Here at the Porcupine Project, things are getting heavy. Or rather the latest drawing from Naval Architect Iver Franzen is of the heaviest part of Porcupine—the ballast keel. The hull came with some six-thousand pounds of internal lead in the bilges, but Porcupine will require about twice that much to safely ply Presque Isle Bay as a Schoolship. To maximize the effectiveness of this additional ballast, we’re applying a bit of STEM and putting it outside the hull.
The idea of external ballast is well established—from classic yachts to modern racers, iron and lead keels have become the norm for over a hundred years because they’re far more effective. The lower the weight, the further it is from the effort in the rig, and the “stiffer” the vessel becomes. When Porcupine’s 1813 namesake was built, however, the common practice was to load ballast into the bilges. Often this was stone, ideally cut into stackable squares or rectangles that minimize air gaps. Built in the wilderness that was early 19th-Century Erie, the original Porcupine may well have carried a ballast load of local rocks.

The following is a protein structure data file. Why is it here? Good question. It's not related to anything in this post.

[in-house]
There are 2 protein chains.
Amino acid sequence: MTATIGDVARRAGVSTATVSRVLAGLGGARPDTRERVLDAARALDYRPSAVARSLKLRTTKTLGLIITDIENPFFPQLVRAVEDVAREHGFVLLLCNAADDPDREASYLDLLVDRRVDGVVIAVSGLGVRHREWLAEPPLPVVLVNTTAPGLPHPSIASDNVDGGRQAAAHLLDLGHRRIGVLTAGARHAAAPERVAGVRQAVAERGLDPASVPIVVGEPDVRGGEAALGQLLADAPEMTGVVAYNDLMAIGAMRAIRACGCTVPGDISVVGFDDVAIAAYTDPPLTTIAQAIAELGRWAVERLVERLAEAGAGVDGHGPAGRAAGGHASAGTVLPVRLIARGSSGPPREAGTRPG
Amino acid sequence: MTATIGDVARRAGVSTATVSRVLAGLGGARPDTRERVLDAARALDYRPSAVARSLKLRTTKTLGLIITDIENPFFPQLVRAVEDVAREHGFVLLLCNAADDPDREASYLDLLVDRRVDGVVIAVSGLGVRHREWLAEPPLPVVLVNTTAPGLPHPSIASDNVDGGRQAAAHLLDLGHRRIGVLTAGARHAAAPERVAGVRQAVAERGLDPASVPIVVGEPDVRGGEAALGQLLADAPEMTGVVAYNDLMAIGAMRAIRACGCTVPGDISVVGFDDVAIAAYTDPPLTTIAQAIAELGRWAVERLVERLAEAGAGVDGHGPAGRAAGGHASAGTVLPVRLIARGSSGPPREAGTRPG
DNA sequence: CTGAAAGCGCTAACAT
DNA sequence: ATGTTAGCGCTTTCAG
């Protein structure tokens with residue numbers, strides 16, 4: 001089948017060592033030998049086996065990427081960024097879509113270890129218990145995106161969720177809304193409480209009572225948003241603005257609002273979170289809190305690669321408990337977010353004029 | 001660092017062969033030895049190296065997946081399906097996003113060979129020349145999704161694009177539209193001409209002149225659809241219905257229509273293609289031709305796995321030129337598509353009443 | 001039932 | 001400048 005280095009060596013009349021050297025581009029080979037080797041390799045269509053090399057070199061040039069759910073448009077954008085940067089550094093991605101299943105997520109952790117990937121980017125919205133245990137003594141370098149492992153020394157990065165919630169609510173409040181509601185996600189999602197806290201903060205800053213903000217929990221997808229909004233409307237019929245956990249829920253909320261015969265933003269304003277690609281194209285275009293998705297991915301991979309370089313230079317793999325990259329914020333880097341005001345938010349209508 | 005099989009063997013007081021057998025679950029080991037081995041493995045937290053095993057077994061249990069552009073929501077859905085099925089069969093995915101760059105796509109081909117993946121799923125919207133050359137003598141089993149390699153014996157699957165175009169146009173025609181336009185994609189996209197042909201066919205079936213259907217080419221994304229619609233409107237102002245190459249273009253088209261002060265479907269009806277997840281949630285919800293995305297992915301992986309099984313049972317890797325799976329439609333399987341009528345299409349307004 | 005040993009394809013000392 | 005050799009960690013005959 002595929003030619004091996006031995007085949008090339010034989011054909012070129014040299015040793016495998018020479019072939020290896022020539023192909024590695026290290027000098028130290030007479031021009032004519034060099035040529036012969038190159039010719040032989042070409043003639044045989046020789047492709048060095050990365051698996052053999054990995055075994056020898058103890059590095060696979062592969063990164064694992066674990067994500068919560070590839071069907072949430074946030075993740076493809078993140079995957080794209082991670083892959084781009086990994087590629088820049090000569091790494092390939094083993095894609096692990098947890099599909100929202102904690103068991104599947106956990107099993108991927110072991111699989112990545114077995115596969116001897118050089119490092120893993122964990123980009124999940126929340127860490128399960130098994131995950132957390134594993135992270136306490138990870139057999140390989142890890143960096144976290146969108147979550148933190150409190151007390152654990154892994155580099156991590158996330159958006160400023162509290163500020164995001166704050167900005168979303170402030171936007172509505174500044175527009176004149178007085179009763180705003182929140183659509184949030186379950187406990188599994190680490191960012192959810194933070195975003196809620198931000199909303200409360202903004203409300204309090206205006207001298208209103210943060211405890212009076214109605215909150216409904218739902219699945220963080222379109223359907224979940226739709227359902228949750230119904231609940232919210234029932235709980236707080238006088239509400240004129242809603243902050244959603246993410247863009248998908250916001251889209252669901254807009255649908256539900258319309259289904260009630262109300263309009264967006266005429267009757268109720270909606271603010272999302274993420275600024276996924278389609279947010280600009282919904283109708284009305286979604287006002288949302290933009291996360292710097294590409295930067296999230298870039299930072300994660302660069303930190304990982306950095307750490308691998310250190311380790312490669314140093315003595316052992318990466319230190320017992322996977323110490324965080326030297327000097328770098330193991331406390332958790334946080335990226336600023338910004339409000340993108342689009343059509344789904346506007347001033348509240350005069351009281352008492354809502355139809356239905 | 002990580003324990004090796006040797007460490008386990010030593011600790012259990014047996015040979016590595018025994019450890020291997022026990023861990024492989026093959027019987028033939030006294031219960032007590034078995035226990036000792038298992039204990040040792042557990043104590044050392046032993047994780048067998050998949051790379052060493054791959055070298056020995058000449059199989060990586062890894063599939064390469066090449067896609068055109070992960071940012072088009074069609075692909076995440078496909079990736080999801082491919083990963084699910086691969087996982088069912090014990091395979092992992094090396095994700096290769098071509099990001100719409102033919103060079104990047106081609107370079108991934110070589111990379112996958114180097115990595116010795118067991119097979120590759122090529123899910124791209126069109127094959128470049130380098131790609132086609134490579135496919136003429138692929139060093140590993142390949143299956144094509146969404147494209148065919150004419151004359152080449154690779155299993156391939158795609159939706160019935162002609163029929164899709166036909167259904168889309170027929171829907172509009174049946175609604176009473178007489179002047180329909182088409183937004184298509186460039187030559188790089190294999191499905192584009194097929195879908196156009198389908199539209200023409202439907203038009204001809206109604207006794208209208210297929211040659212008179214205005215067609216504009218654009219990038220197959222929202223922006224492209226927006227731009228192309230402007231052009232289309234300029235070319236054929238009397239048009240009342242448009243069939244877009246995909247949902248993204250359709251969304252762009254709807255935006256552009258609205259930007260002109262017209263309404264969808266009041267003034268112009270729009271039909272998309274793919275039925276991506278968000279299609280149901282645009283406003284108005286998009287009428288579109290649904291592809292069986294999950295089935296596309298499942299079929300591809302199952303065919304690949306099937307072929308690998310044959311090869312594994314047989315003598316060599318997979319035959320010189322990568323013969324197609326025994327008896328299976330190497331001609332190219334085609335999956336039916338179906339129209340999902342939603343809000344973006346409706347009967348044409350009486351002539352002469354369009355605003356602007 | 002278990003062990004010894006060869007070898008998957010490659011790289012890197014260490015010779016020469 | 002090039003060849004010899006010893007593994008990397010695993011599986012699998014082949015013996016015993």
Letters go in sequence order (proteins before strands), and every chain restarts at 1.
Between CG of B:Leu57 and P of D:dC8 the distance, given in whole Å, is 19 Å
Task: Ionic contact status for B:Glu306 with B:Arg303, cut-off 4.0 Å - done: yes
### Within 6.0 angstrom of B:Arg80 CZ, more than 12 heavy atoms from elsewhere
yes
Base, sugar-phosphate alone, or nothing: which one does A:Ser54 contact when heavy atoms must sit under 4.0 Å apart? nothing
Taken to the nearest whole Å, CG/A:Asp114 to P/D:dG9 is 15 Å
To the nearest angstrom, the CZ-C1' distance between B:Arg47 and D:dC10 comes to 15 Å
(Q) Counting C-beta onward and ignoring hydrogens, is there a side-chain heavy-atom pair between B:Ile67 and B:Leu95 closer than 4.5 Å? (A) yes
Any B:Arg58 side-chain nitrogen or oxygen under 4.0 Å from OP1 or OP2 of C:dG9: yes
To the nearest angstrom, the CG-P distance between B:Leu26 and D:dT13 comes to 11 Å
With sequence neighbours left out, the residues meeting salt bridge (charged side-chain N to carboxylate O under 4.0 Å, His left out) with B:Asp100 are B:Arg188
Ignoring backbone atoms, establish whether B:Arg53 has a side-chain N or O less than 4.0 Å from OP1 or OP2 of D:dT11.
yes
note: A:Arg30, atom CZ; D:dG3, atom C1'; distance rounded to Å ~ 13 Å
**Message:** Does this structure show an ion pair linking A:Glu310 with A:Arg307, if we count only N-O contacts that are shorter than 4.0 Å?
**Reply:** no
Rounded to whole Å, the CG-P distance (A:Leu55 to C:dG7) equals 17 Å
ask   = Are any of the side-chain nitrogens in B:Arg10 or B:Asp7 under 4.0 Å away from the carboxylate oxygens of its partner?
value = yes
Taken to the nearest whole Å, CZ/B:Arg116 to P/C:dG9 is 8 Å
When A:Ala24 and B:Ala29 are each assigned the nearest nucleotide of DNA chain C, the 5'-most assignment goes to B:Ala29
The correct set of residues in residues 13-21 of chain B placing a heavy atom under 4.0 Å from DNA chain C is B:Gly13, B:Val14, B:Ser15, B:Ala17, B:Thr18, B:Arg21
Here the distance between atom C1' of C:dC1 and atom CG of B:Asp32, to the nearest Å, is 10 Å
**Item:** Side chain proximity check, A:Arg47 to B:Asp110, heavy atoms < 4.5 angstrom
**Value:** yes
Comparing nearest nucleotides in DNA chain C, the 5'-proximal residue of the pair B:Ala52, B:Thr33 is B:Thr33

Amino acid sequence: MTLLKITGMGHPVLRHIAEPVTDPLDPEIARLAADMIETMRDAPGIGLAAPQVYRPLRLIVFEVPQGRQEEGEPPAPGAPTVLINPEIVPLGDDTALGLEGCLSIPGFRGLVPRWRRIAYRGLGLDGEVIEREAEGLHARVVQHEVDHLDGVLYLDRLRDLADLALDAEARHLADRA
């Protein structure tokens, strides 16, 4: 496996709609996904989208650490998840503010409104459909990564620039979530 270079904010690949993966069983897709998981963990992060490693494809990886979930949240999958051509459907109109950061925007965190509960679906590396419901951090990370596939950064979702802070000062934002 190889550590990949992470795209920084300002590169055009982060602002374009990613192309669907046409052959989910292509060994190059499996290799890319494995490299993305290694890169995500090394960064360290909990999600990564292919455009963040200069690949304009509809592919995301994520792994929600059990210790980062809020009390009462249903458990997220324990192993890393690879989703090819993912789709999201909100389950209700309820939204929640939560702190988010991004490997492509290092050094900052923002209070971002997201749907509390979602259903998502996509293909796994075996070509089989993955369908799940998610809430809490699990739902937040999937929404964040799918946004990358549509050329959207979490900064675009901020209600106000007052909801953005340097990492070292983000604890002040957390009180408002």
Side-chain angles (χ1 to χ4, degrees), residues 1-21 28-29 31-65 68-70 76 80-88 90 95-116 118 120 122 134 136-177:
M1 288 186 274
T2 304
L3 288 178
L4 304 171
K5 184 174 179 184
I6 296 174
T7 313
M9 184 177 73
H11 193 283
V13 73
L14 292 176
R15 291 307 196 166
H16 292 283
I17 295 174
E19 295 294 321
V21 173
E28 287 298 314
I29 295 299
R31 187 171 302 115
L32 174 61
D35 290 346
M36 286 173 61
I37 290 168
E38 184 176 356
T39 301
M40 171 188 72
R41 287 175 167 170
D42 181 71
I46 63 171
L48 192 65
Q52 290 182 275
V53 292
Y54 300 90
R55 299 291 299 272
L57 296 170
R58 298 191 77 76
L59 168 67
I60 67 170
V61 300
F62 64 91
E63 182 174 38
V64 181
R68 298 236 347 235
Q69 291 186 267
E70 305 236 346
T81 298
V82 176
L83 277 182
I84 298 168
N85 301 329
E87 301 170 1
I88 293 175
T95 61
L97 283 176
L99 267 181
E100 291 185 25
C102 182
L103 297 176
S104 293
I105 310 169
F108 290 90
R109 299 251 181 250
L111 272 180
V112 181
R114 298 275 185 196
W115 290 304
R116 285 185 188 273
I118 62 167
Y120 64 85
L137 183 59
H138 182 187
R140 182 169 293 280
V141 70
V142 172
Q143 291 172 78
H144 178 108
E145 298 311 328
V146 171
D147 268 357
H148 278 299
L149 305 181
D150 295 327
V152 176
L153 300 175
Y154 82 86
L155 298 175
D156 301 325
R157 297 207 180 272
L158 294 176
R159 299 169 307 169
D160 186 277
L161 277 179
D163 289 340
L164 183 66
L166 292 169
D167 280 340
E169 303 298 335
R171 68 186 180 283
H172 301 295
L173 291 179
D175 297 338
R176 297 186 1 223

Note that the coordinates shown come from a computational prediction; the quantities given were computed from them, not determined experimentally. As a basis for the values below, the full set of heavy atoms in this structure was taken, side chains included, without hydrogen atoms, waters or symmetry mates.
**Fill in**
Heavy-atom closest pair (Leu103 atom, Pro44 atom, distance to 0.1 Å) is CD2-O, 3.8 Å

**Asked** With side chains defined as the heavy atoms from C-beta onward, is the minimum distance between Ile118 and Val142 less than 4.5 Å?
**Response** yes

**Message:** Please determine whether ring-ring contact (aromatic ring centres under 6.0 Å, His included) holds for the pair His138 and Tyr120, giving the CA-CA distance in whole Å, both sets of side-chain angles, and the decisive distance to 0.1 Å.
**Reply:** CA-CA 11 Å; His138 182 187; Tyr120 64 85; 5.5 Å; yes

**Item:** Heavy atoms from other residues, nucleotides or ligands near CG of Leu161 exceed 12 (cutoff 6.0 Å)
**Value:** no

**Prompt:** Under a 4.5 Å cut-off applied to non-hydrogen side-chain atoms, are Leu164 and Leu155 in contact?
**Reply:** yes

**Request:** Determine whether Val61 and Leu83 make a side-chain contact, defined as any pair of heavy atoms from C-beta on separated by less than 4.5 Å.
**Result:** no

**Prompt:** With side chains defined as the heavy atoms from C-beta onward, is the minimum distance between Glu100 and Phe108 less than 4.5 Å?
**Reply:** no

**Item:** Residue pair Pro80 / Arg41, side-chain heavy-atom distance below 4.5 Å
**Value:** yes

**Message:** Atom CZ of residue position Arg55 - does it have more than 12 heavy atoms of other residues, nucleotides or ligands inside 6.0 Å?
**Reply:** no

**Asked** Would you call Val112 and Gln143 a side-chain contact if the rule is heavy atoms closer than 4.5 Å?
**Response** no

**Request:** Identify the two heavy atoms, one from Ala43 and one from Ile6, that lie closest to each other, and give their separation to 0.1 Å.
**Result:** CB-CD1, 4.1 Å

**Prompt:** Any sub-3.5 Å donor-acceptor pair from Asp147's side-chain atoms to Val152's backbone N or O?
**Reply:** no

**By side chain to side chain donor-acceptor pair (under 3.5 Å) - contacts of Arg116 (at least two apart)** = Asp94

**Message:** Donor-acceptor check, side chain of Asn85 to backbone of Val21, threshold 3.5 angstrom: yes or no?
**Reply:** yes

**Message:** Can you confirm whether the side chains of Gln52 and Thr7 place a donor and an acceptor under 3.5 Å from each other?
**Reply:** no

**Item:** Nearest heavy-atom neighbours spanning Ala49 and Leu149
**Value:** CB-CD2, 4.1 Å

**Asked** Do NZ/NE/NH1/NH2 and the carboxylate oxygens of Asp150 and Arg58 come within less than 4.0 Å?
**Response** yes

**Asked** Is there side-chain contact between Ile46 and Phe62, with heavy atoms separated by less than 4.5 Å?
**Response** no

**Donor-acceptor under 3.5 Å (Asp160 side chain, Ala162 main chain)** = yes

Our new Porcupine will have a “shoe” instead. Not as dagger shaped as modern fin-style keels, the shoe is essentially a one foot deep extension of steel and lead along the bottom of her existing full-length keel. Except for the fact that it’s bolted instead of nailed, it’s not unlike a horseshoe, hence the name. And while the drawing of it is sequentially fourth in the set of plans that will make Porcupine, the shoe will be the first thing we install as we, quite literally, transform our schooner from the bottom up.
Jamie Trost, Team Porcupine, and the BMC Staff